Before a potential invasion, Russia has reportedly sought to destabilize Ukraine on the cyber front in recent weeks as hackers attacked and placed destructive malware inside tens of Ukrainian government agencies. This prompted the US Cybersecurity and Infrastructure Security Agency to warn critical infrastructure operators against possible cyber threats to US assets, reminding that two major cyberattacks from 2017, NotPetya and WannaCry, spiraled out of control from their initial targets (NotPetya was a Russian cyberattack against Ukraine…) and spread globally, ending up causing more than $10 billion in damages.
This, combined with the recent Log4Shell vulnerability, strengthens our view that all companies and organizations across the world will continue to face massive intrusion threats, suggesting that they’ll have to maintain high investments in intrusion detection tools and automated response solutions.
For attackers, endpoints (PCs, smartphones, printers…) can serve as an entry point into a network. Over the last two decades, businesses have put a lot of effort into securing their network perimeter and attackers have discovered that instead of targeting the network, they will directly attack endpoints as it is much easier to penetrate IT environments.
In response, the endpoint detection and response (EDR) framework was developed. It is an endpoint security practice that combines real-time continuous monitoring and gathering of endpoint data with rules-based automated reaction and analysis capabilities. In other words, it is a security system that detects and analyze suspicious activity on connected devices, relying heavily on automation to allow a swift identification and response to attacks.
The EDR software is constantly monitoring activity happening on the hardware and compares it with a set of known threat patterns, enabling a rapid detection of a potential danger. When a threat is discovered, the end-user is promptly advised with a list of preventative steps. Unlike firewalls or next generation antiviruses, EDR is not trying to keep out of the network a potential threat but is more of a reactive tool that will be triggered only after an attack has been detected.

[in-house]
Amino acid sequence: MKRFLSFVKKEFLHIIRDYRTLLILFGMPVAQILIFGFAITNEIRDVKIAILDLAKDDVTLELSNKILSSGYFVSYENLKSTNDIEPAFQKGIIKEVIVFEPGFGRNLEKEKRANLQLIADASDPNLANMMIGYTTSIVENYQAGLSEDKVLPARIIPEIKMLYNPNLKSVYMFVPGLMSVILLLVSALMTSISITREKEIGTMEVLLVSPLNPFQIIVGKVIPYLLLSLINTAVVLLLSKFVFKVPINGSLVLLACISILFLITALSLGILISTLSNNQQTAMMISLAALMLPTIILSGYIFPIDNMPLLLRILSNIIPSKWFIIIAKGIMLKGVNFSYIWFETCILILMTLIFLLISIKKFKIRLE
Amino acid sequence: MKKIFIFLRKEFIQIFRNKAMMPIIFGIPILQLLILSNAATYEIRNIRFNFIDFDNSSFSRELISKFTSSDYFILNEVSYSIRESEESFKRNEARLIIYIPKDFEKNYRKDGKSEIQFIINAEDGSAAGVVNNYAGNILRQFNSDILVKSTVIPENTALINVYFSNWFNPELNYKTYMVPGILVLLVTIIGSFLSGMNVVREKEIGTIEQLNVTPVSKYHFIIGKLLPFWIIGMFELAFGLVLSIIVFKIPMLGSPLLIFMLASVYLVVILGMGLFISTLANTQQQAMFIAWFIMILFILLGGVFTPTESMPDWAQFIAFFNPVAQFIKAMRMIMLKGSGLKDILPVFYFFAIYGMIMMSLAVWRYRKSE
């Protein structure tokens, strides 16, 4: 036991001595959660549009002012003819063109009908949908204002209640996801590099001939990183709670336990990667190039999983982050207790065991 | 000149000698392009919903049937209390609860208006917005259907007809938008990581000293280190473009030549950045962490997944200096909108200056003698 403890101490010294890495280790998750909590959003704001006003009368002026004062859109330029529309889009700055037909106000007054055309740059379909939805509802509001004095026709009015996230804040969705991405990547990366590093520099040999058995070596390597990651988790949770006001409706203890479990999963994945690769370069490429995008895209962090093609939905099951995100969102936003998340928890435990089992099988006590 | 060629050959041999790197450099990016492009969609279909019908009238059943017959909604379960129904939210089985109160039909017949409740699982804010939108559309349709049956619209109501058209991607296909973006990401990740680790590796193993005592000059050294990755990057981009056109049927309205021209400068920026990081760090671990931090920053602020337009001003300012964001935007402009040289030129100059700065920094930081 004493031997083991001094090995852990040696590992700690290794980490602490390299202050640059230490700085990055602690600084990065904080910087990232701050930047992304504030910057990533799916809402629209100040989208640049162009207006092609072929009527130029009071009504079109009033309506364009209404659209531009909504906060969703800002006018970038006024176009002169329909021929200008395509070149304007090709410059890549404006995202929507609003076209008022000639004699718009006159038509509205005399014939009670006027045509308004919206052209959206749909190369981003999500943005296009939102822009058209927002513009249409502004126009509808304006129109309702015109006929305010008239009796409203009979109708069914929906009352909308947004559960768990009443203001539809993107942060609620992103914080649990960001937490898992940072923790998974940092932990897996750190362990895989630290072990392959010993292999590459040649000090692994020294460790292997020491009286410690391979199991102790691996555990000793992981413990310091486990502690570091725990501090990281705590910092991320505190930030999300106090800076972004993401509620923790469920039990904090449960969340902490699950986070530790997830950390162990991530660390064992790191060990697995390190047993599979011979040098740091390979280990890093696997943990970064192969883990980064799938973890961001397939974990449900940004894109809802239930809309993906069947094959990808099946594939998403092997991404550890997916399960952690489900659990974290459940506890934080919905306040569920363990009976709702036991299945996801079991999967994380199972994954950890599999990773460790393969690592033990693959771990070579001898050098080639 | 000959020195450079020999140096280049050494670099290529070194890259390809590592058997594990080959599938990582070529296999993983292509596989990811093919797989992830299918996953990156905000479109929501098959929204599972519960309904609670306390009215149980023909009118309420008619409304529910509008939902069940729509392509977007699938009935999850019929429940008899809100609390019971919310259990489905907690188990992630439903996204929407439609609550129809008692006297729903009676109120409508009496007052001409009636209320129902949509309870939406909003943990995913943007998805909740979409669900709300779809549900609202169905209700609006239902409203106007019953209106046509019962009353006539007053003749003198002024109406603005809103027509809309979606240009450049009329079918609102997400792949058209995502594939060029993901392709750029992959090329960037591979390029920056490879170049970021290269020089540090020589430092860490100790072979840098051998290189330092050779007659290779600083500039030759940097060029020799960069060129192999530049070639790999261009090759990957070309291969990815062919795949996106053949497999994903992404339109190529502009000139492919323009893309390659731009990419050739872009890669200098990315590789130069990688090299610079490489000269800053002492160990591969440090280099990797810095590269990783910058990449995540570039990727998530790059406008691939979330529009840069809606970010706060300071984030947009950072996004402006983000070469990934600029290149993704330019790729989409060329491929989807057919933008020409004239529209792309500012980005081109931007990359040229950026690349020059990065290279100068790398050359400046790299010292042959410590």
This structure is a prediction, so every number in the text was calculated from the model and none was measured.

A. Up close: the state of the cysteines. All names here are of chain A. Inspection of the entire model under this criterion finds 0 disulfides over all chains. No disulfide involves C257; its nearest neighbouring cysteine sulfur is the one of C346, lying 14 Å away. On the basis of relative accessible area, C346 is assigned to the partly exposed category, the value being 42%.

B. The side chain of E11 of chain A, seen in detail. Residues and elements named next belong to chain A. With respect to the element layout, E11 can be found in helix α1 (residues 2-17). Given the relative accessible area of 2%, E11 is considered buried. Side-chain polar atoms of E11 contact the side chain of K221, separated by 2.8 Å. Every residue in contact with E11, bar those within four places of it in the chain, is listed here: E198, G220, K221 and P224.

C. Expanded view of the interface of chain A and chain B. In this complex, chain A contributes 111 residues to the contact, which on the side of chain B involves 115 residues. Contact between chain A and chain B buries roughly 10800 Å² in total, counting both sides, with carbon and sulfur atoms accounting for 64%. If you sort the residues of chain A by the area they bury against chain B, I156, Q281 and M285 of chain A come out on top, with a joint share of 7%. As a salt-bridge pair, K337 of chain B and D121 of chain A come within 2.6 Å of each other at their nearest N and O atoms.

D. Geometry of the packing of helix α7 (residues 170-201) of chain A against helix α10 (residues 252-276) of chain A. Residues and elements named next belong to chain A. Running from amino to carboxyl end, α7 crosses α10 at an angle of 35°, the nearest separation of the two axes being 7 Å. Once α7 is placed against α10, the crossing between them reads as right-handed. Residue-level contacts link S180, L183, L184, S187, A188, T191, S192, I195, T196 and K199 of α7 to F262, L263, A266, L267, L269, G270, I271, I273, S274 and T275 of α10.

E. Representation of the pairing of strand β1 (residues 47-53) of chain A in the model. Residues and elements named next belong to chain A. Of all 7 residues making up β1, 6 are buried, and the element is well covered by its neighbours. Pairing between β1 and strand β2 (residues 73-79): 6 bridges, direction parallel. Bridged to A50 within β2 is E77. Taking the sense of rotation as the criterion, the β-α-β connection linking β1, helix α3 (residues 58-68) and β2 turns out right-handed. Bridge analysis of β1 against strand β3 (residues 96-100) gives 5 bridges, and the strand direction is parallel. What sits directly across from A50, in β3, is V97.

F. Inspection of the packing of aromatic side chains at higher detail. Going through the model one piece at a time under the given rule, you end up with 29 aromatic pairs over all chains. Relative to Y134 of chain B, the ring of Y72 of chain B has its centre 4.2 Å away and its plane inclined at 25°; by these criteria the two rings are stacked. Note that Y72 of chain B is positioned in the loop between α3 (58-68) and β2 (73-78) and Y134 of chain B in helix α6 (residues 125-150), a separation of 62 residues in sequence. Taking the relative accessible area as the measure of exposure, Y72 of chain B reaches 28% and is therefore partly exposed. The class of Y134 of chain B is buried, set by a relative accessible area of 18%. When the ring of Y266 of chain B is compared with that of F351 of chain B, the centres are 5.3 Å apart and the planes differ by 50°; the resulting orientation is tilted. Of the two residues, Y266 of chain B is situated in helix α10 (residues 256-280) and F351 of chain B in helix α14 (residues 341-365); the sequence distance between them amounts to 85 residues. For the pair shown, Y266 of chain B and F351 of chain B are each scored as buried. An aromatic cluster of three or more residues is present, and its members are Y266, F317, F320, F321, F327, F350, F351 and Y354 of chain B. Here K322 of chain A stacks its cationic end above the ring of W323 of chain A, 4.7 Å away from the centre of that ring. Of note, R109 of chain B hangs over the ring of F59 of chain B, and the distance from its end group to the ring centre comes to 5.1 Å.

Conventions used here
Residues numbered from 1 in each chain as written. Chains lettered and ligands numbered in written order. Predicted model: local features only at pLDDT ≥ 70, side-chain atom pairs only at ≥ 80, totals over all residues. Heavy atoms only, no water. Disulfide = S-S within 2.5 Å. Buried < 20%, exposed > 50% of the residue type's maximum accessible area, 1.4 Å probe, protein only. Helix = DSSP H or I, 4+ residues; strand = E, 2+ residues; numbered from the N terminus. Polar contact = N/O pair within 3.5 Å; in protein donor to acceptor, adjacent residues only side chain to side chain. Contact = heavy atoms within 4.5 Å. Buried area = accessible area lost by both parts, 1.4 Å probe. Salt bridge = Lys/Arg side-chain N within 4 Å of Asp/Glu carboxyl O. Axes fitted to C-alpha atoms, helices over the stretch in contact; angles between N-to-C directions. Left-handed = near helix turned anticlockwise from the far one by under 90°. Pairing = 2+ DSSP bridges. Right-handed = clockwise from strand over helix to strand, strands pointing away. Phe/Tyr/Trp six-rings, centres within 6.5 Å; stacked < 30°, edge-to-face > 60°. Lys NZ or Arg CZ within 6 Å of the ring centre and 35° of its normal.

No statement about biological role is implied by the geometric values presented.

Reactive steps are part of the response component of the software which is conceived empirically to mitigate in the best way possible the impact of an attack. If an attack of a new kind is conducted, the pattern and exploits are then fed in the ML/AI algorithms to better detect future similar threats. This makes the EDR ecosystem dynamic by nature, which is a must when it comes to cybersecurity, as malicious actors are always finding new ways to perform their attacks.
Principles of EDR operations are slowly extending further than just the endpoint. XDR as in Extended Detection and Response, applies EDR ideas to a wider range system. In addition to be present on endpoints, agents are deployed on email servers, cloud workload, and networks which enables for faster detection of threats as well as enhanced investigation and reaction times. XDR could be efficient to mitigate an attack like WannaCry which spread widely on the internet.
XDR is making its way into organizations and governments as the use of SaaS-based or cloud-delivered security solutions is rapidly increasing. Institutions’ benefits to implement these solutions are numerous. Computing scalability, reduced costs, enhanced base-level security and increased ease of use are amongst the most prevalent: XDR increases functionality for security analysts and simplifies workflows; it optimizes team efforts by speeding up or eliminating manual steps and provides access to views and analysis that cannot be performed immediately.
XDR also offers more insightful investigations, as you can make logical connections from the data provided in a single view. Seeing the graphical, attack-centric timeline can provide answers on a single dashboard, including to these questions: How did the user get infected? What was the first point of entry? What other element or user is part of the same attack? Where did the threat originate? How did the threat spread? How many other users have access to the same threat?
It is important to note that XDR companies (CrowdStrike, SentinelOne, Palo Alto Networks…) have multi-faceted skills and fields of expertise like data analytics, network architecture, pattern detection and ML/AI implementation.
In all, the need for sophisticated threat detection at scale and automation is outpacing the ability of human-led teams to secure IT networks and devices in an environment where the number of threats is rising exponentially. Google’s recent acquisition of cybersecurity firm Siemplify (details not disclosed) could pave the way to other M&A deals in the field of security automation.